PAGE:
Iraqis reject Iranian threat to bomb US forces in Iraq

By Faris al-Omran


A picture taken June 20th, 2018 shows a propaganda billboard for the pro-Iran Iraqi militia Kataib Hizbullah in Baghdad. Iraqi police surrounded the militia's Baghdad headquarters that day after an armed clash with law enforcement left three people wounded. [Ahmad al-Rubaye/AFP] 

Iranian threats to turn Iraq into a battleground where it settles its scores have met with resounding rejection from Iraqi citizens and lawmakers, who tell Diyaruna they want Iran to stop meddling in Iraqi affairs.

In a televised September 26th speech, Iranian Ambassador to Iraq Iraj Masjidi, a former Islamic Revolutionary Guard Corps (IRGC) general who served as an adviser to Quds Force commander Qassem Soleimani, issued a threat to the US.

If Iran is attacked by the US, he said during an interview with Iraq's Dijlah TV, Iran will bomb US forces anywhere they are present, including Iraq.

Additionally, he said, an Iranian response to such an attack would include a response from "those who love Iran" such as Iran-backed Iraqi militias fighting under the auspices of the Popular Mobilisation Forces, Hizbullah or the Houthis (Ansarallah).


Fighters from the Iran-backed Iraqi militia Kataib al-Imam Ali take part in a military parade on August 8th, 2015 in Najaf. [Haidar Hamdani/AFP] 

The Iraqi response to the Iranian threat came back swiftly.

"Iraqi territory is a red line," said Iraqi Ministry of Defence spokesman Maj. Gen. Tahseen al-Khafaji, stressing that Iraq "will not allow US interests on its soil to be targeted".

Additionally, he said, Iraq "will not be a launchpad for aggression against neighbouring countries".

On October 3rd, the Iraqi Foreign Ministry summoned the Iranian ambassador in objection to his threat against US forces operating under Iraqi authority as part of the international coalition.

These forces have been providing training and advice to Iraqi soldiers in their ongoing battle against the "Islamic State of Iraq and Syria" (ISIS).

Iranian threats to destabilise Iraq

Former Deputy Iraqi Foreign Minister Abdul Kareem Hashim Mustafa said Iraq must not be used as a "corridor or base for staging any aggression that harms neighbouring countries or friends of Iraq in the region and around the world".

Iraqi MP Taha al-Lahibi said he "categorically rejects" Masjidi's statements, pointing out that with pronouncements like this, Iran is continuing its threats to destabilise Iraq and jeopardise its security.

The Iranian regime is yet again proving that "it cares little for diplomatic norms and international conventions and treaties that respect the sovereignty of countries", al-Lahibi told Diyaruna.

Instead it continues to interfere in their internal affairs and their right to self-determination, he said, adding that the Iranian regime insists on "harming Iraqis and endangering their lives by violating their sovereignty".

The Islamic Republic has been attempting to turn Iraq "into a stage for score-settling and aggression against regional countries and interests", he said.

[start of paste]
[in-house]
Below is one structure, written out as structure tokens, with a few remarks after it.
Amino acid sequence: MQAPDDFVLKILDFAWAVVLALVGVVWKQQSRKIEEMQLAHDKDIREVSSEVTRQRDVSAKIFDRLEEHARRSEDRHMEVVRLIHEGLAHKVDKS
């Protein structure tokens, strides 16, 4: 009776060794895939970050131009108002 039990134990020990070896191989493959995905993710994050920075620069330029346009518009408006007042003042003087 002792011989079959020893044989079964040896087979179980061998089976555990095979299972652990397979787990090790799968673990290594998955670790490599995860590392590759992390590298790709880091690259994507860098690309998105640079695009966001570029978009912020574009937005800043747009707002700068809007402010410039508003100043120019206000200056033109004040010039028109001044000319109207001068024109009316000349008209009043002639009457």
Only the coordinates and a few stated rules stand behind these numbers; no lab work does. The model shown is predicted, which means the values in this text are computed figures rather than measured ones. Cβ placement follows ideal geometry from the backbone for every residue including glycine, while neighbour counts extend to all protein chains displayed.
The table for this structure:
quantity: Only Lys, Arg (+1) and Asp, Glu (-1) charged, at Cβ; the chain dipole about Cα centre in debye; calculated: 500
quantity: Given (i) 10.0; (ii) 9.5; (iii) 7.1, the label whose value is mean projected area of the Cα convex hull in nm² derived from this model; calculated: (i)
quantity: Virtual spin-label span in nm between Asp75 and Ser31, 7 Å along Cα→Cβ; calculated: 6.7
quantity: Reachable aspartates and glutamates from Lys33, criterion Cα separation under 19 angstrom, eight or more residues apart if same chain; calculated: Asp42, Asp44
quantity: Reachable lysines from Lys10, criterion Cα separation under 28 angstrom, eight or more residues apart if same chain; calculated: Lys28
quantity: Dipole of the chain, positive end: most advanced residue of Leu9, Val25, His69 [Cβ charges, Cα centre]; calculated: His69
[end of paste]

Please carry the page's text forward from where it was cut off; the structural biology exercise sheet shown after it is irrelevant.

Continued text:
Militias used as pawns

Al-Lahibi noted that the IRGC's support for Iraqi militias intends to stir tensions in Iraq and drag the region into "wars, violence and sectarian conflict".

"Iran’s agents and arms in Iraq have to realise they are serving a regime that is killing the Iraqi people and that they are being used as fuel to burn down the country and the region," he said.

"Their defence of this regime and its interests should stop," he added.

According to political analyst Alaa al-Nashou, Masjidi's statements "prove that Iran does not view Iraq as an independent country that makes its own decisions".

The Iranian regime has been working for years to undermine Iraq's will and sovereignty, and to attempt to control its decisions, he told Diyaruna.

The threat to US forces, international missions and interests in Iraq and neighbouring countries posed by the IRGC and its affiliates is part of Iran’s policy of "manufacturing chaos", al-Nashou said.

This serves the Iranian regime's goal of easing economic pressure on Iran, he said.

Iraqis object to Iranian interference

Al-Nashou pointed to Iranian efforts to weaken Iraq and adversely affect its institutions, particularly its security and military apparatus, while strengthening its own militias and encouraging them to defy government decisions and orders.

"Iraqis have always expressed their rejection and annoyance with Iran’s subversive activities and relentless movement to destabilise their country and lead it towards war, conflict and unrest," he said.

Political analyst Adel al-Ashram Ibn Ammar, chairman of al-Shimmar Syndicate of Tribal Intellectuals, condemned any violation that undermines Iraq's sovereignty, expressing his categorical rejection of the latest Iranian threat.

"This is a dangerous precedent at the level of diplomatic relations," he told Diyaruna, noting that it is a "flagrant expression of Iran’s efforts to destroy and take control of Iraq".

"The latest Iraqi protests reflect public resentment of Iranian intervention and their militias that are meddling in the country’s security, stealing its resources and spreading chaos and destruction throughout the country," he said.

A Baghdad resident who identified himself simply as Abu Ali told Diyaruna he was supportive of his government’s efforts to defend its sovereignty and prevent interference in its affairs.

"We object Iranian threats and stand by any government action in this regard," he said.

The Iraqi people "are fed up with Iranian infiltration and do not want to be involved in proxy wars, whose price is dearly paid with the blood of Iraq's people, its economy and its future", he added.

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